There are two primary items in this domain; the things we know but others don’t - and – things we may all know but don’t know that others know. Within the first category is information you have that you don’t or haven’t yet shared with others. Not everything in this domain needs to be moved to the arena, but at times there is a critical piece of information or a valuable perspective that rests within an individual and isn’t shared amongst the group. There can be a lot of reasons for this such as personality traits (introversion, fear of speaking), team environment (low psychological safety), or the individual may not even know the information should be shared (lack of team awareness, either within the individual or group as a whole). In these situations, it is essential to help the team understand what types of information should be shared, with whom and for what purpose, and to create an environment where people feel safe and empowered to do so. The second category primarily involves things we all may know but don’t know each other knows. Imagine two assassins undercover each with an assignment to kill the other. They happen to end up in the same elevator, both in disguise, and they both recognize one another. What happens next is radically different if each one thinks the other doesn’t know opposed to if they both know they both know. That is the difference between the façade and the arena.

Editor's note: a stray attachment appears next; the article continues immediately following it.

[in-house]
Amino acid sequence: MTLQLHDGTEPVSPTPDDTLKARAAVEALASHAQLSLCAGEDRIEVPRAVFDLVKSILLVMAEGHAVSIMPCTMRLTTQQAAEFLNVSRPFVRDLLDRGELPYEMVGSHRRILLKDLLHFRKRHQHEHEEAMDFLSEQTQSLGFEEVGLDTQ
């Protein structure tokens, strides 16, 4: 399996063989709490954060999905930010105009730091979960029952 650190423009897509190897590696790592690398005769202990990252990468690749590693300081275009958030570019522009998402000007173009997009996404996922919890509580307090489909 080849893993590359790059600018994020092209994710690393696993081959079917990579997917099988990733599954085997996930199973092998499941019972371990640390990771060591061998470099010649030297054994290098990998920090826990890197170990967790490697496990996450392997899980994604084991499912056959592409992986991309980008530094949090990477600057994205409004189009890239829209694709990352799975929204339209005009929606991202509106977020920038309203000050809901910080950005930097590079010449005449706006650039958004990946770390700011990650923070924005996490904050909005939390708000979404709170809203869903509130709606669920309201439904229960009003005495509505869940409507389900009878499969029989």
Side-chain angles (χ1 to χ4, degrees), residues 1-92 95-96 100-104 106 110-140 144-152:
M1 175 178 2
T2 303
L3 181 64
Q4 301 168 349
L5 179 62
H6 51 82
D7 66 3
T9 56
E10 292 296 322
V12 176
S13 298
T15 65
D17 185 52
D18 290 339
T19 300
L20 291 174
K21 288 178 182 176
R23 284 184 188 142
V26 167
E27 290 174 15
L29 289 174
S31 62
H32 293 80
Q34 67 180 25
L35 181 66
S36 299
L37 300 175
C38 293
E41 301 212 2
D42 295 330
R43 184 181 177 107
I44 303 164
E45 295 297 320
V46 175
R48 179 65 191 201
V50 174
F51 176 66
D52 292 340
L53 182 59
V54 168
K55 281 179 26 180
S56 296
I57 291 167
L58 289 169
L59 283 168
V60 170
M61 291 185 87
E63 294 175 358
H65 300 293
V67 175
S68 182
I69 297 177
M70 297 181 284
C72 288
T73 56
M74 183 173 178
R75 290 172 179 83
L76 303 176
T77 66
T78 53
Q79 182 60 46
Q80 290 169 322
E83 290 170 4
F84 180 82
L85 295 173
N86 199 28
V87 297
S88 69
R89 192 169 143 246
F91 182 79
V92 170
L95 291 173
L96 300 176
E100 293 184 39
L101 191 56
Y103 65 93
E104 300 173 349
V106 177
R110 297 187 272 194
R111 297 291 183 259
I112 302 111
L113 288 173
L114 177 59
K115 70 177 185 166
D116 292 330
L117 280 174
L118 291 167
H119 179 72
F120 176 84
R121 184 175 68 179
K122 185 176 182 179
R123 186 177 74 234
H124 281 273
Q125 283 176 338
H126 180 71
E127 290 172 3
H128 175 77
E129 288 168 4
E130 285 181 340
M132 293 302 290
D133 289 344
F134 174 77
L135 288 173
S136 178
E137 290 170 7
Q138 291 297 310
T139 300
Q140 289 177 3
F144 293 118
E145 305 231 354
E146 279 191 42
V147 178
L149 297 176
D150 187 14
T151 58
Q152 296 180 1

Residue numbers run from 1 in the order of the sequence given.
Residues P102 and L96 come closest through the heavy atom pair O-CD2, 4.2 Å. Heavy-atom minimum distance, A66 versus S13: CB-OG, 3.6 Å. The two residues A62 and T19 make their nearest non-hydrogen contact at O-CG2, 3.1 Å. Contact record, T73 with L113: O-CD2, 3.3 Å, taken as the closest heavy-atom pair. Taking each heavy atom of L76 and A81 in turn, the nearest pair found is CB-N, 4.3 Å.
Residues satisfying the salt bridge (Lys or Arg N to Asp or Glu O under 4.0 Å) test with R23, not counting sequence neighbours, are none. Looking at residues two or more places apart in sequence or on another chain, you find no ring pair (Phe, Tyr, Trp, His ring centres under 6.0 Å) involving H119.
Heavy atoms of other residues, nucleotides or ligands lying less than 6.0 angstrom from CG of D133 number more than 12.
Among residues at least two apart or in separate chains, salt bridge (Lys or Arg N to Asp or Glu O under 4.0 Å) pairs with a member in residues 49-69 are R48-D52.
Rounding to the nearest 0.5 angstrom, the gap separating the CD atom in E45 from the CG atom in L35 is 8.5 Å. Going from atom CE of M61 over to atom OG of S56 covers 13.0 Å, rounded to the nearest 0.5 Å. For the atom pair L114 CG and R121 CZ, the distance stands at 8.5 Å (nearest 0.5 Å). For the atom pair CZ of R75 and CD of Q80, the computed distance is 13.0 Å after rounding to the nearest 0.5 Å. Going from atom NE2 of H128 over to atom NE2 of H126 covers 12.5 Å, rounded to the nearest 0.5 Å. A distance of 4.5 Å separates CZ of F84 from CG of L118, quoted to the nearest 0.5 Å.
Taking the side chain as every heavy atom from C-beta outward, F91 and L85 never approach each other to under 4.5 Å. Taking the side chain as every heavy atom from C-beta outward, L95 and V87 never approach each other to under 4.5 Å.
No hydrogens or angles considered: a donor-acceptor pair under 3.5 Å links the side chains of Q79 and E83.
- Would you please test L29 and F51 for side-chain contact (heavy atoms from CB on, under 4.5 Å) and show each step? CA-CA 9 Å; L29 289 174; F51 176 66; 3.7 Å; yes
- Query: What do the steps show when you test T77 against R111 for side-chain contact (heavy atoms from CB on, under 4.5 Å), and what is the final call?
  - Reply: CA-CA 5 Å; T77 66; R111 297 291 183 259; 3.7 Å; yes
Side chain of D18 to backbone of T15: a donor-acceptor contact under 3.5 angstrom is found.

The Unknown

The final domain is the domain of the unknown; the things we simply do not know nor do others. This includes all the same sort of categories of things described in the “unknown/unknown” section above. Aside from housing all manner of the unforeseen, items in this domain are often also highly consequential despite (and often because) of how infrequently they occur (high impact/low frequency events again). While it’s hard to act against a specific thing in this domain, because we don’t know what we don’t know, we can take general actions to protect us against what may occur. For example, I may not know specifically what will interrupt my workday but I can assume that any given day will include unforeseen tasks and I should budget time as such.

Applying the Models

Equipped with a basic understanding of these two models, we can apply them to navigating risk and uncertainty in addition to improving communication across our teams.

Navigating Risk & Uncertainty

To use these tools to navigate risk and uncertainty, we must practice intellectual humility while being doggedly realistic about what domain we’re currently operating within; failing to do so can be catastrophic. You can find examples of poor assumptions leading to terrible consequences throughout both disaster response and leadership literature (see Hurricane Katrina, Space Shuttle Challenger disaster, and so forth). A desire to avoid uncertainty, to achieve unrealistic goals, or to portray confidence can lead us to treat things as being more black and white than they really are. Furthermore, at times leaders may become focused more on the public affairs of a mission than the actual operational outcomes; it becomes more about the perception of what we’re doing than the reality. This represents a failure to be honest about what domain we’re operating within along with a tendency to replace the thing with the symbol.